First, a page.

How to Manage Through Worse-Before-Better

Like most major change initiatives, going lean rarely looks good from the start. The operating efficiencies come quickly, yet sales and profits — for a while — get worse. The solution? Adopt a new financial reporting method that captures what’s really happening in the business.

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Several years ago, a Pennsylvania manufacturer of industrial sensors — we’ll call it Caspian Corp. — launched an ambitious effort to become a lean enterprise in hopes of achieving higher quality, lower costs and better customer service. Management’s goal was to eliminate all unnecessary expenses and surpass its leading competitors in terms of productivity and efficiency. During the first six months, Caspian, whose total annual revenues were about $225 million, achieved significant operating improvements. Product lead times to customers and on-time delivery performance were up sharply. Over the next six months, operational performance continued to show impressive gains, and the vice president of operations was pleased. Meanwhile, customer service was making significant strides as well, and with greater efficiencies the company was able to reduce the number of direct labor employees involved in production. Payroll savings in a single value stream alone amounted to more than $40,000 per month — around 20%.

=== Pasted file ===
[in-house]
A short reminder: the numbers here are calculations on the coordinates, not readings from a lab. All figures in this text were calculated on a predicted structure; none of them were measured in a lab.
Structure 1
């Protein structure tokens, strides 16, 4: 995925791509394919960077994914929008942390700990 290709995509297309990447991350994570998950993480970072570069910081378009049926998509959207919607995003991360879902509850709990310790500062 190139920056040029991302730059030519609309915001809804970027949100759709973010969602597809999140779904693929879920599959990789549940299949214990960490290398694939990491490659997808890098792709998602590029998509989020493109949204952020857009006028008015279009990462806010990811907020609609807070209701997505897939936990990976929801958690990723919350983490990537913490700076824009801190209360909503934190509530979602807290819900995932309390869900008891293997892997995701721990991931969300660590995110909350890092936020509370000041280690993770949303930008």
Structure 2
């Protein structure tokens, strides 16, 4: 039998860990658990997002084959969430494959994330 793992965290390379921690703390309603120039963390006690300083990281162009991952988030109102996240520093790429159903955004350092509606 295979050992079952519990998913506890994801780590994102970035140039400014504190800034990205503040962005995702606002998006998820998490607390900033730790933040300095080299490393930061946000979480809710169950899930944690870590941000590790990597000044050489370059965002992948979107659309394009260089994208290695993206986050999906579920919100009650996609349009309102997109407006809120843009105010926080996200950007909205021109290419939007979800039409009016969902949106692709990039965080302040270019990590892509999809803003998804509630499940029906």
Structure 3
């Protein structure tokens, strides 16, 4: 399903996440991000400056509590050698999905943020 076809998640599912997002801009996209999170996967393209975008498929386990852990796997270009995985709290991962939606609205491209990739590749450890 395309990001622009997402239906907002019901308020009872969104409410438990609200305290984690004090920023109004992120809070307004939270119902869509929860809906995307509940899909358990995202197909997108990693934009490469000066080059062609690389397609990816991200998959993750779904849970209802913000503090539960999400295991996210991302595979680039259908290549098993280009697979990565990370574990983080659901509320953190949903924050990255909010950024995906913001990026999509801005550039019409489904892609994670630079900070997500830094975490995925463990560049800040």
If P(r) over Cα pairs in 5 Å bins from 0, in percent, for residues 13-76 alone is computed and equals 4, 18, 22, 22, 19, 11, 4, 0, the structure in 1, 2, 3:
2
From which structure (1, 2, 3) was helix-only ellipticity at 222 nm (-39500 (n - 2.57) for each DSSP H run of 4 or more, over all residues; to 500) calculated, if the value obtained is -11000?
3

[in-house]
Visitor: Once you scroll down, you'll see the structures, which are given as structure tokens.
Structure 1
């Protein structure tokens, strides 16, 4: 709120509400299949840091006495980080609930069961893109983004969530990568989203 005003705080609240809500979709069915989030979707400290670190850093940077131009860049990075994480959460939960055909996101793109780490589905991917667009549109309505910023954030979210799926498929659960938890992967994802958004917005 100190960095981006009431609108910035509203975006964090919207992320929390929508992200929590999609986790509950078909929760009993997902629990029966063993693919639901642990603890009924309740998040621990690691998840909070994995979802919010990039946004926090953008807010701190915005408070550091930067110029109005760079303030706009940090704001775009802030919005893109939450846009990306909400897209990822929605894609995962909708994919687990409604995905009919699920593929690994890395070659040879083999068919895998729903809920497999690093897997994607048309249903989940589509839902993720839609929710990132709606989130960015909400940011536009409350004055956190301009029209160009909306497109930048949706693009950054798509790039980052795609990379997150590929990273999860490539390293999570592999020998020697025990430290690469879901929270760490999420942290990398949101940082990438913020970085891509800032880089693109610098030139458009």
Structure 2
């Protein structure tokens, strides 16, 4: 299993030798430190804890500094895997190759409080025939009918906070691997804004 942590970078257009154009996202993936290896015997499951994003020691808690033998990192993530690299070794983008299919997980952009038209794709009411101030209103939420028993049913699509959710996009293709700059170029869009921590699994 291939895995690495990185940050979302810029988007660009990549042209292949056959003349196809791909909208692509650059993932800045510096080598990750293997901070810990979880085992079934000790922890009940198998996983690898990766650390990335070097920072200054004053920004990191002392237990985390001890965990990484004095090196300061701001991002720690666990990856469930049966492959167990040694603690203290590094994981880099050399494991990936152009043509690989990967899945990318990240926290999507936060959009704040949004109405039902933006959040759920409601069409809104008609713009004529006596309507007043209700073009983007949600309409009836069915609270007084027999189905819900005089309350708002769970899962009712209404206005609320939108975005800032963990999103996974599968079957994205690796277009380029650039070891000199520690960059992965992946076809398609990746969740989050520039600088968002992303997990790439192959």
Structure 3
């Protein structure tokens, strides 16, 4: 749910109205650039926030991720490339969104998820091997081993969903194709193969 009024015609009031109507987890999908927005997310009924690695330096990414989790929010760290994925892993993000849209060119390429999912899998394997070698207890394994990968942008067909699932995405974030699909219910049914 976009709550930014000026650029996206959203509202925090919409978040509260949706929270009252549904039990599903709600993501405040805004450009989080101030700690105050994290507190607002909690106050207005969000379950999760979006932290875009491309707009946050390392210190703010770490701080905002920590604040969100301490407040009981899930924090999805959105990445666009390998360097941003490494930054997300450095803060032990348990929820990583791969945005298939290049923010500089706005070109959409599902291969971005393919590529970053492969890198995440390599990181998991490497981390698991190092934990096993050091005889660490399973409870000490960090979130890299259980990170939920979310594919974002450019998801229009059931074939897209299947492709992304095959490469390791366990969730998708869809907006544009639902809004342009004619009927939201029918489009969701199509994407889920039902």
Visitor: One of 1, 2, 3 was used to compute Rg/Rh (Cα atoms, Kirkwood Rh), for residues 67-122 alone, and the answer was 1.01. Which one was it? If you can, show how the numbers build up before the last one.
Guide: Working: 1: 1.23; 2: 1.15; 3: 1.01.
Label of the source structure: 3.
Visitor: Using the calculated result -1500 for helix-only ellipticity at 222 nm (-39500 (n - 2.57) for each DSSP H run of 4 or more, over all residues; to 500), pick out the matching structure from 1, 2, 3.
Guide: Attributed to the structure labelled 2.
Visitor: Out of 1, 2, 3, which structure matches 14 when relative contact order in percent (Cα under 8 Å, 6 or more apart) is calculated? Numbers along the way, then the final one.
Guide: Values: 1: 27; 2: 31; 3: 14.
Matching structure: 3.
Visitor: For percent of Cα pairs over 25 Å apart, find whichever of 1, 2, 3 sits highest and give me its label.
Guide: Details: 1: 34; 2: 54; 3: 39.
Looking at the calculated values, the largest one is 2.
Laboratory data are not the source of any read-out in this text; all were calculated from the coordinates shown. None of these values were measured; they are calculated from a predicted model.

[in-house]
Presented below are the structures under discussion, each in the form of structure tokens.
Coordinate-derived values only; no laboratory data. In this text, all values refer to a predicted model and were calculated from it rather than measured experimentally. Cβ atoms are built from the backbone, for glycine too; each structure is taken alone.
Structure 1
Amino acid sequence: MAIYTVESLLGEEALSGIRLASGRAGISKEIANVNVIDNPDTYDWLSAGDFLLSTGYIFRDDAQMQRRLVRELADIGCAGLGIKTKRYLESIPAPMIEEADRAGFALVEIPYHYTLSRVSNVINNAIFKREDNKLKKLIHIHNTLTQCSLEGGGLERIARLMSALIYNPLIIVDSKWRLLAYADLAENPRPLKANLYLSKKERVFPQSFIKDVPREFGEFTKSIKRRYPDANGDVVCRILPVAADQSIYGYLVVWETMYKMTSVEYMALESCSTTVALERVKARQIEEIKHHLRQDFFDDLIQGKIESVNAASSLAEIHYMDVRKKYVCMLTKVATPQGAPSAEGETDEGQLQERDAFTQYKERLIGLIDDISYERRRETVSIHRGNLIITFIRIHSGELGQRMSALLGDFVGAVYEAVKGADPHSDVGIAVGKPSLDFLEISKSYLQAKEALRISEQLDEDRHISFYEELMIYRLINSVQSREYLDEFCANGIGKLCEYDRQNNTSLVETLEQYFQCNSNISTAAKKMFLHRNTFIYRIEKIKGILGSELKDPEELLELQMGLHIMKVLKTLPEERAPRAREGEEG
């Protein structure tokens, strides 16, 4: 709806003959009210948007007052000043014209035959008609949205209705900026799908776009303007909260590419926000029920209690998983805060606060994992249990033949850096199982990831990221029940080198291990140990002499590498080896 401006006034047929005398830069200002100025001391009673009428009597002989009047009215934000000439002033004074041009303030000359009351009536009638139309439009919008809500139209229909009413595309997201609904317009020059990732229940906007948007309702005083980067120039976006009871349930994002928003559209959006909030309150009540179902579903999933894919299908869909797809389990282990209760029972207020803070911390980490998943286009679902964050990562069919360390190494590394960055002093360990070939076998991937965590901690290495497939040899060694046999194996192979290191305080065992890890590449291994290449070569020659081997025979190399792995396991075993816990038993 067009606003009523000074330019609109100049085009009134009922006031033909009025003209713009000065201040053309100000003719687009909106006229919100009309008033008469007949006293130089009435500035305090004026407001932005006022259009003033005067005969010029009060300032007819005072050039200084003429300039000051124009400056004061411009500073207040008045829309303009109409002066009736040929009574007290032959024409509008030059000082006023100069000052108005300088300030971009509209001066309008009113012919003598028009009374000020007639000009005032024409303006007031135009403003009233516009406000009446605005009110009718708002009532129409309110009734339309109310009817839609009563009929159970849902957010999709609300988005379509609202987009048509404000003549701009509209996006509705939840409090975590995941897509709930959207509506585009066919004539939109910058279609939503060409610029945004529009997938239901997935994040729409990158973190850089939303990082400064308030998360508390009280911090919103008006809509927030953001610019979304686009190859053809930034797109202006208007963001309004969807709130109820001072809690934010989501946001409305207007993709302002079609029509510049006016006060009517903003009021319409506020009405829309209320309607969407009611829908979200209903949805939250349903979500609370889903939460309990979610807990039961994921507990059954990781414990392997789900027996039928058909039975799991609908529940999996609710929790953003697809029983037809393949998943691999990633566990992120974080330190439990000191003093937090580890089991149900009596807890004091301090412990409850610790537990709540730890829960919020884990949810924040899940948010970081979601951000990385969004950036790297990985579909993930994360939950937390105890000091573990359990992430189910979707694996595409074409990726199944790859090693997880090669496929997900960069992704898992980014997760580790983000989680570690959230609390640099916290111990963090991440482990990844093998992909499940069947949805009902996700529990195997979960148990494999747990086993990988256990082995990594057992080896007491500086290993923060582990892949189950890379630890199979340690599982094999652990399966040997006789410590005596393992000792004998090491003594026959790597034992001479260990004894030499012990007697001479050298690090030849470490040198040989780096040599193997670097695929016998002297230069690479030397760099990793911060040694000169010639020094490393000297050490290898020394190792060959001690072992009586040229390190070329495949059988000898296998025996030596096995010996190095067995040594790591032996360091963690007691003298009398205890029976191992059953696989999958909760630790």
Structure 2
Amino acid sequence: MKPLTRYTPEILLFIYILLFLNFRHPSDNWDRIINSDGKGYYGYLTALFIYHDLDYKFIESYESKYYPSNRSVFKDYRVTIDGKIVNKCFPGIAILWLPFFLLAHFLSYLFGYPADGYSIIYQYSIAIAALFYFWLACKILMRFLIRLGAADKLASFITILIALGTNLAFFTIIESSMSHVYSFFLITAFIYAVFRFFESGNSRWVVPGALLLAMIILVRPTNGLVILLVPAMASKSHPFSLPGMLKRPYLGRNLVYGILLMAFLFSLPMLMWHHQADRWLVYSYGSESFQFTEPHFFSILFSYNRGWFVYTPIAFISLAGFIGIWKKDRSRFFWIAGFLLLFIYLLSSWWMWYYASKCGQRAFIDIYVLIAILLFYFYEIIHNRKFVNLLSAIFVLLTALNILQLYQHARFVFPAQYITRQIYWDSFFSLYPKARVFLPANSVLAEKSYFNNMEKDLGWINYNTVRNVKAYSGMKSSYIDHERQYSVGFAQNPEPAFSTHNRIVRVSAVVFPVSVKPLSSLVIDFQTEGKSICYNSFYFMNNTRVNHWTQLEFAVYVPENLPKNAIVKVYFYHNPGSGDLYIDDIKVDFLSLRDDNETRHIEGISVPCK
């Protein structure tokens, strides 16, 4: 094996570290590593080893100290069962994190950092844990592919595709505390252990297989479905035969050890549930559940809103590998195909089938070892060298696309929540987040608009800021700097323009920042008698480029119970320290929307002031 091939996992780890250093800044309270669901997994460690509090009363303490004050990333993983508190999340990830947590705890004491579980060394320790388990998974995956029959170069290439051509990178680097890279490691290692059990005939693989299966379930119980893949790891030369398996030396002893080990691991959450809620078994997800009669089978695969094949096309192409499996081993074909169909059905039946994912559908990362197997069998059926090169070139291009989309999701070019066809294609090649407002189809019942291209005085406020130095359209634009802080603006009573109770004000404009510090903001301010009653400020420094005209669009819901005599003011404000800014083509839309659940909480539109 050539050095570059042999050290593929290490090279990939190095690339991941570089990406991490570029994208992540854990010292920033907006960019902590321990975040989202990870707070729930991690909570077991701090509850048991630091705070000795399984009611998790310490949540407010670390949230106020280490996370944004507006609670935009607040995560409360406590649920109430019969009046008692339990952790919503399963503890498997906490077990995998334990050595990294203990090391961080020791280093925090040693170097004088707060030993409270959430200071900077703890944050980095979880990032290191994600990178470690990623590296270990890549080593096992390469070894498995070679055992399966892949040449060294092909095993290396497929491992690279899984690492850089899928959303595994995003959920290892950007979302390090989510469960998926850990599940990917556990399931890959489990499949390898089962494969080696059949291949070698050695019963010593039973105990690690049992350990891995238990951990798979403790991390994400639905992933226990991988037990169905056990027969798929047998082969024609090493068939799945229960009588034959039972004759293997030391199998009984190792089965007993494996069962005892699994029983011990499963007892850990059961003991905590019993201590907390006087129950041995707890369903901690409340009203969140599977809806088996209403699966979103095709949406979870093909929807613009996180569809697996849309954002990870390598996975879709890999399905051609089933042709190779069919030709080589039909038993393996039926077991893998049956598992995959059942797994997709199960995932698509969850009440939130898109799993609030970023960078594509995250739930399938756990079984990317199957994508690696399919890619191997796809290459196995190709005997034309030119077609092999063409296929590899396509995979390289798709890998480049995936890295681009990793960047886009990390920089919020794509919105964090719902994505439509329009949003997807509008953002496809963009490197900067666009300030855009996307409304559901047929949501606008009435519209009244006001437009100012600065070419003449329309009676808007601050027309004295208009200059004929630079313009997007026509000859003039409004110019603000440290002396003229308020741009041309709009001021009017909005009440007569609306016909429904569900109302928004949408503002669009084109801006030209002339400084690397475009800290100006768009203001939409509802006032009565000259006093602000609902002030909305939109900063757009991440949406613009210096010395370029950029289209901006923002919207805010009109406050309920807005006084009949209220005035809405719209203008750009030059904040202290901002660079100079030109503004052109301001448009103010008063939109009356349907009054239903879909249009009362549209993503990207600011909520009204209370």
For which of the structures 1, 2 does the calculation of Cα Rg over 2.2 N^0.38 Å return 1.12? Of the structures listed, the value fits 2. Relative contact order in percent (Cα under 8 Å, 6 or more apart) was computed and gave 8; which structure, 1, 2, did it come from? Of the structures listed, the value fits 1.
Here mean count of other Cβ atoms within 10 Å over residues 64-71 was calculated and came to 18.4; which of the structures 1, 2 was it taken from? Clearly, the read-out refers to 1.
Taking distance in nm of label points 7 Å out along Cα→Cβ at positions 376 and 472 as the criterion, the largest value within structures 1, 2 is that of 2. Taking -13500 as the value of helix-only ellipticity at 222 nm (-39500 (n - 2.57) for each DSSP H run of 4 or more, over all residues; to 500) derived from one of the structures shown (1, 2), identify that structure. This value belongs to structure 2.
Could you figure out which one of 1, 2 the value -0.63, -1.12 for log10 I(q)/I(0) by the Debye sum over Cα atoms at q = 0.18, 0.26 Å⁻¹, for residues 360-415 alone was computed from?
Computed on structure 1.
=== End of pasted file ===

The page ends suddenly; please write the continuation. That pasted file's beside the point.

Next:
However, the CFO saw a radically different picture. During the same initial months, she saw no financial improvement at all: Sales were flat, and costs didn’t decline. During the second half of the year, Caspian’s revenues actually fell by 17%, and profits declined by an even bigger percentage. The CFO was baffled: The sales forecasts had looked encouraging, and the operations people had talked about significant savings. What happened? Unfortunately, she was at a loss to explain the disparities to the company’s board or to outside investors.

Caspian’s management spent the next 12 months attempting to generate stronger results. Previously, the company had deliberately kept inventory levels high to ensure that customers would be well served. Now seemed like a good time to cut inventory — something the CFO hoped would lead to financial gains. With less inventory, she looked forward to having more cash on hand. In addition, she anticipated that quality improvements would pay a nice dividend in terms of lower materials costs. She certainly wasn’t prepared for more bad news: Despite higher productivity and efficiency, Caspian’s profits remained lower than they were before the company began its transition to lean. Return on sales fell from 7% to zero.

At this point, the CFO and CEO were ready to pull the plug on the lean program and go back to the “good old days” of mass production. They simply couldn’t afford more surprises, no matter the “success” of the overall effort.

The Allure of Lean

Many Western managers were introduced to lean production in 1990, with publication of The Machine That Changed the World.1 Based on a five-year study of Toyota by MIT’s International Motor Vehicle Program, the book showed how management, line workers and suppliers could join together to improve quality and productivity and to lower costs. Since then, thousands of managers have been drawn to the principles of lean management. Managers have applied them to consumer products (including automobiles and electronics), commercial products (including aircraft landing gear, electrical components and batteries) and a wide range of service environments (including hospitals,2 insurance companies,3 government offices,4 retail stores5 and call centers6).